Coyote Mercury

words, birds and whatever else by James Brush

Tag: jays

4.06.12

a blue jay flies
from the abandoned nest
half an eggshell
wobbles in the dirt
broken cup of sky

What I Learned about My Backyard from Project FeederWatch

A Common Grackle looks around the yard

A Common Grackle looks around the yard

Project FeederWatch ended last weekend. For those just tuning in, PFW is a citizen science project run by the Cornell Lab of Ornithology. The idea is that you commit to keeping a record of all the birds that visit your feeders, birdbaths, birdhouses, and landscape features from November to April. In addition to being a part of something that helps scientists learn about and help birds, participants have the opportunity to learn a surprising amount about what goes on right outside their doors.

This is a summary of some interesting things I learned.

Observations about Specific Birds:

Wrens:

A Bewick's Wren stops by for a snack

A Bewick's Wren stops by for a snack

We get both Carolina and Bewick’s Wrens at our house. They both like suet and mealworms, but the Carolina Wrens will also take seeds from the cake feeders. Carolina Wrens also seem to be more willing to poke around the ground in the flowerbed, while Bewick’s Wrens prefer scouring the trees and plants for bugs. Carolinas also seems to be much more vocal; every morning, I can expect one singing (surprisingly loud) from the fence.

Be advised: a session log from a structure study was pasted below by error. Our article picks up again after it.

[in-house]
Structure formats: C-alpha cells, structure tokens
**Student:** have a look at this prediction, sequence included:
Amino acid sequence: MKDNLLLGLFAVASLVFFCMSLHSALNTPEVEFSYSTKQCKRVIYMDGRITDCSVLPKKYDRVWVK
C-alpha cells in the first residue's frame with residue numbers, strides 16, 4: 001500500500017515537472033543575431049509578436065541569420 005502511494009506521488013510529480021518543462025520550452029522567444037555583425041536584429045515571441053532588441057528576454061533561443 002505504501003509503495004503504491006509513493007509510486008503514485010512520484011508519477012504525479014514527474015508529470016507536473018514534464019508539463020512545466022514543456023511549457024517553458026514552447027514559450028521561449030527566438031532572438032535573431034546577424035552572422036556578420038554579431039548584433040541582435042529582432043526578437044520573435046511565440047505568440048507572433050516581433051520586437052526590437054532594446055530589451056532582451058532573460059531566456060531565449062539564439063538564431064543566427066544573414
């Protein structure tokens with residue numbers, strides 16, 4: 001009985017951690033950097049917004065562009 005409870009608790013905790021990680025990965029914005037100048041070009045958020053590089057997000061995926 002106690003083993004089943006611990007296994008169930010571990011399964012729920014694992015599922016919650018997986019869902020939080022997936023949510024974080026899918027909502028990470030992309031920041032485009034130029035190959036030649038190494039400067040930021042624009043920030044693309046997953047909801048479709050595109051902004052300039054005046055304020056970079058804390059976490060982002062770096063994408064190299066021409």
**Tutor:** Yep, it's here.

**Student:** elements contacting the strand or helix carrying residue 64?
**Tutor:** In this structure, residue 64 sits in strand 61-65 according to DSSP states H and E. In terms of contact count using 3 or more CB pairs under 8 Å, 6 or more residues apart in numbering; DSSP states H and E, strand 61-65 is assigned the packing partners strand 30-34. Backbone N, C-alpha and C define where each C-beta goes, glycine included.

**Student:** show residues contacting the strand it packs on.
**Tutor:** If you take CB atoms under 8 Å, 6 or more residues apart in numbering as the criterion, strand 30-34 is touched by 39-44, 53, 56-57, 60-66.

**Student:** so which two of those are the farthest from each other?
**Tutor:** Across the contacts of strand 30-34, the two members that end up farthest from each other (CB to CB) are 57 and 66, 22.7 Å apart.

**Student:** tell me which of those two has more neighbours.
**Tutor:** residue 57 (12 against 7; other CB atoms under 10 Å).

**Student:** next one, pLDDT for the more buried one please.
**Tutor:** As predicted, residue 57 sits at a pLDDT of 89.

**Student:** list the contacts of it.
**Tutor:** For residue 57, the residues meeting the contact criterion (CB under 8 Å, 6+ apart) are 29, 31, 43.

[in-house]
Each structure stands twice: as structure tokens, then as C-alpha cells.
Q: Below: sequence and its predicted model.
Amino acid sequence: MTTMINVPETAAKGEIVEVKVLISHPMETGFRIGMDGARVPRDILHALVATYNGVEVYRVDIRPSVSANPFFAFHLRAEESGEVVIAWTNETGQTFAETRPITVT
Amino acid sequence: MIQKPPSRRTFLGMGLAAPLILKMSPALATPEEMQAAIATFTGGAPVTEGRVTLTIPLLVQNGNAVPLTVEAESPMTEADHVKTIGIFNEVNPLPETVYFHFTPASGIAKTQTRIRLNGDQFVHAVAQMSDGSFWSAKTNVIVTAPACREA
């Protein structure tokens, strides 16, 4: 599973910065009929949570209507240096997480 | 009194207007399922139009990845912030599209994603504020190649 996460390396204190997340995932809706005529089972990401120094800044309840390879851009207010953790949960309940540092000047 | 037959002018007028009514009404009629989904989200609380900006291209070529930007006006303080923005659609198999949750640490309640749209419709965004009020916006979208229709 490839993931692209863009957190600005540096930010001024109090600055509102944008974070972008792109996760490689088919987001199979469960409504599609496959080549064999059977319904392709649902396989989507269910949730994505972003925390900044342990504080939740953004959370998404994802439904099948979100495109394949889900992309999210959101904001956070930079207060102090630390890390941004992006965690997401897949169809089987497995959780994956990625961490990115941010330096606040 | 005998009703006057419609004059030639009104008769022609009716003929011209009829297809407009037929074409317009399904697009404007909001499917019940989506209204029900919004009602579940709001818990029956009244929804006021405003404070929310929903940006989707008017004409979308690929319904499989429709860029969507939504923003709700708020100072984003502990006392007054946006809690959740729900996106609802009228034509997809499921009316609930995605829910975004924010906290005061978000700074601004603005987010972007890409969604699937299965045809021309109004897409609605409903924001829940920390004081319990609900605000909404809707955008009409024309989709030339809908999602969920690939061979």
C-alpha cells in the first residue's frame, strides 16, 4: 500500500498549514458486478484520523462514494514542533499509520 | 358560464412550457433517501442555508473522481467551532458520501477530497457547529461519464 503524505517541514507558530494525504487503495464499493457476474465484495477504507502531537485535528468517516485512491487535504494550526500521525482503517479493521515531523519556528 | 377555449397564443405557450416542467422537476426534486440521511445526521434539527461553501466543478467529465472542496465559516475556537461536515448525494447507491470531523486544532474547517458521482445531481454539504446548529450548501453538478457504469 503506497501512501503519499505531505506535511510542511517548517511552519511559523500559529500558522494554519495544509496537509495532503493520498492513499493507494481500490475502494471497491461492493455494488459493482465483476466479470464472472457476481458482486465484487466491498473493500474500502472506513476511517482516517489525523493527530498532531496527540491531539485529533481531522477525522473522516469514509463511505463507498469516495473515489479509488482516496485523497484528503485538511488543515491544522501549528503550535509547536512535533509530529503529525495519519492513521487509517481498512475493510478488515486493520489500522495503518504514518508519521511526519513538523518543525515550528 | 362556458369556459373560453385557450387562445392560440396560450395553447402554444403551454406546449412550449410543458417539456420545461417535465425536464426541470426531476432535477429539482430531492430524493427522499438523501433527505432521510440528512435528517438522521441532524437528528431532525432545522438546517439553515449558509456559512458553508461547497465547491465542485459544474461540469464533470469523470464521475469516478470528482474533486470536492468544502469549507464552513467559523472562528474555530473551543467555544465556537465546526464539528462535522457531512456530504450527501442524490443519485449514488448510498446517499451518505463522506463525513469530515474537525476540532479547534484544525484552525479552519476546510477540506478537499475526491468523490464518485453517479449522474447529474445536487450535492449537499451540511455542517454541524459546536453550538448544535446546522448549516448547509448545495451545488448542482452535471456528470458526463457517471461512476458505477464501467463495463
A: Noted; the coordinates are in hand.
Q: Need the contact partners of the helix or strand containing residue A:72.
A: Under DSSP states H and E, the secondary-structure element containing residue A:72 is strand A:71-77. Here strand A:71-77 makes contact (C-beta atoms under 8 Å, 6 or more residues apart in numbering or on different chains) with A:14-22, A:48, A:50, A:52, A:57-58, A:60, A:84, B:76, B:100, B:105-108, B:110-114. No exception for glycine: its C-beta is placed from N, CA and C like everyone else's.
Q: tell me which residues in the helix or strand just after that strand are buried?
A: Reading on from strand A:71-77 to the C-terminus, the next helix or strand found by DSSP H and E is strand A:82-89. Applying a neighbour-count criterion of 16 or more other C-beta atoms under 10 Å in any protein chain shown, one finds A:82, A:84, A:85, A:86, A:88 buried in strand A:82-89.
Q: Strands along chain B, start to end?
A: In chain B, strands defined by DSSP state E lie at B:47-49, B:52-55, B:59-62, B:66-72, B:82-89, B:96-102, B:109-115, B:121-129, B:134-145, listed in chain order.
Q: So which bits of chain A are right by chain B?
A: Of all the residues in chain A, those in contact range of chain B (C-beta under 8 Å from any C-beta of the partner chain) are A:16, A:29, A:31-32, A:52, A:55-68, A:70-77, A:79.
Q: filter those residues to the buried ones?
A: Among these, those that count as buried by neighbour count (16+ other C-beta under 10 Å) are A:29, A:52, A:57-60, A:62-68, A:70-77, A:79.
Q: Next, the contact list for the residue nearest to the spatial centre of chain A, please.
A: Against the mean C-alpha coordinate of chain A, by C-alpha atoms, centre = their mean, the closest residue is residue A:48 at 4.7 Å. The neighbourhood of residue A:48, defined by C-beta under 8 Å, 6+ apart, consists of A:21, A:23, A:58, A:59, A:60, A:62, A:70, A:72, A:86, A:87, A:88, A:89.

Hawks:

Accipiter hawk relaxing on the neighbor's fence

Accipiter hawk relaxing on the neighbor's fence

On several occasions, on count days and non-count days, I saw unidentifiable accipiter hawks swooping through the yard. On one occasion, I got some pictures of one sitting by the neighbor’s feeder and on another day, I saw one sitting by my feeder. I never got a good enough look to ID any of the ones I saw on count days, but readers of this blog thought the one I photographed was a Sharp-shinned Hawk.

I assume he’s been eating sparrows since those are the only birds whose counts have been lower than I expected them to be. The wrens, titmice, chickadees, and finches all seem to show up in basically the same numbers each week so I suspect they’re avoiding the hawks.

Goldfinches:

Lesser Goldfinch

Lesser Goldfinch

I was thrilled to see goldfinches show up in my yard at long last. I have my sister to thank. She got me some nyjer bags for Christmas, and the goldfinches arrived withing days of putting them out.

Lesser Goldfinches will only take nyjer seed from the bags, while American Goldfinches who seem to prefer the nyjer bags, will use the tube feeder when the bags are crowded.

American Goldfinch in winter non-gold plumage

American Goldfinch in winter non-gold plumage

I had hoped to see the American Goldfinches in breeding plumage, but they seem to have mostly left, although I did see one this weekend in transitional plumage. I hope he sticks around so I can see him in his full golden glory.

Blue Jays:

Blue Jay

Blue Jay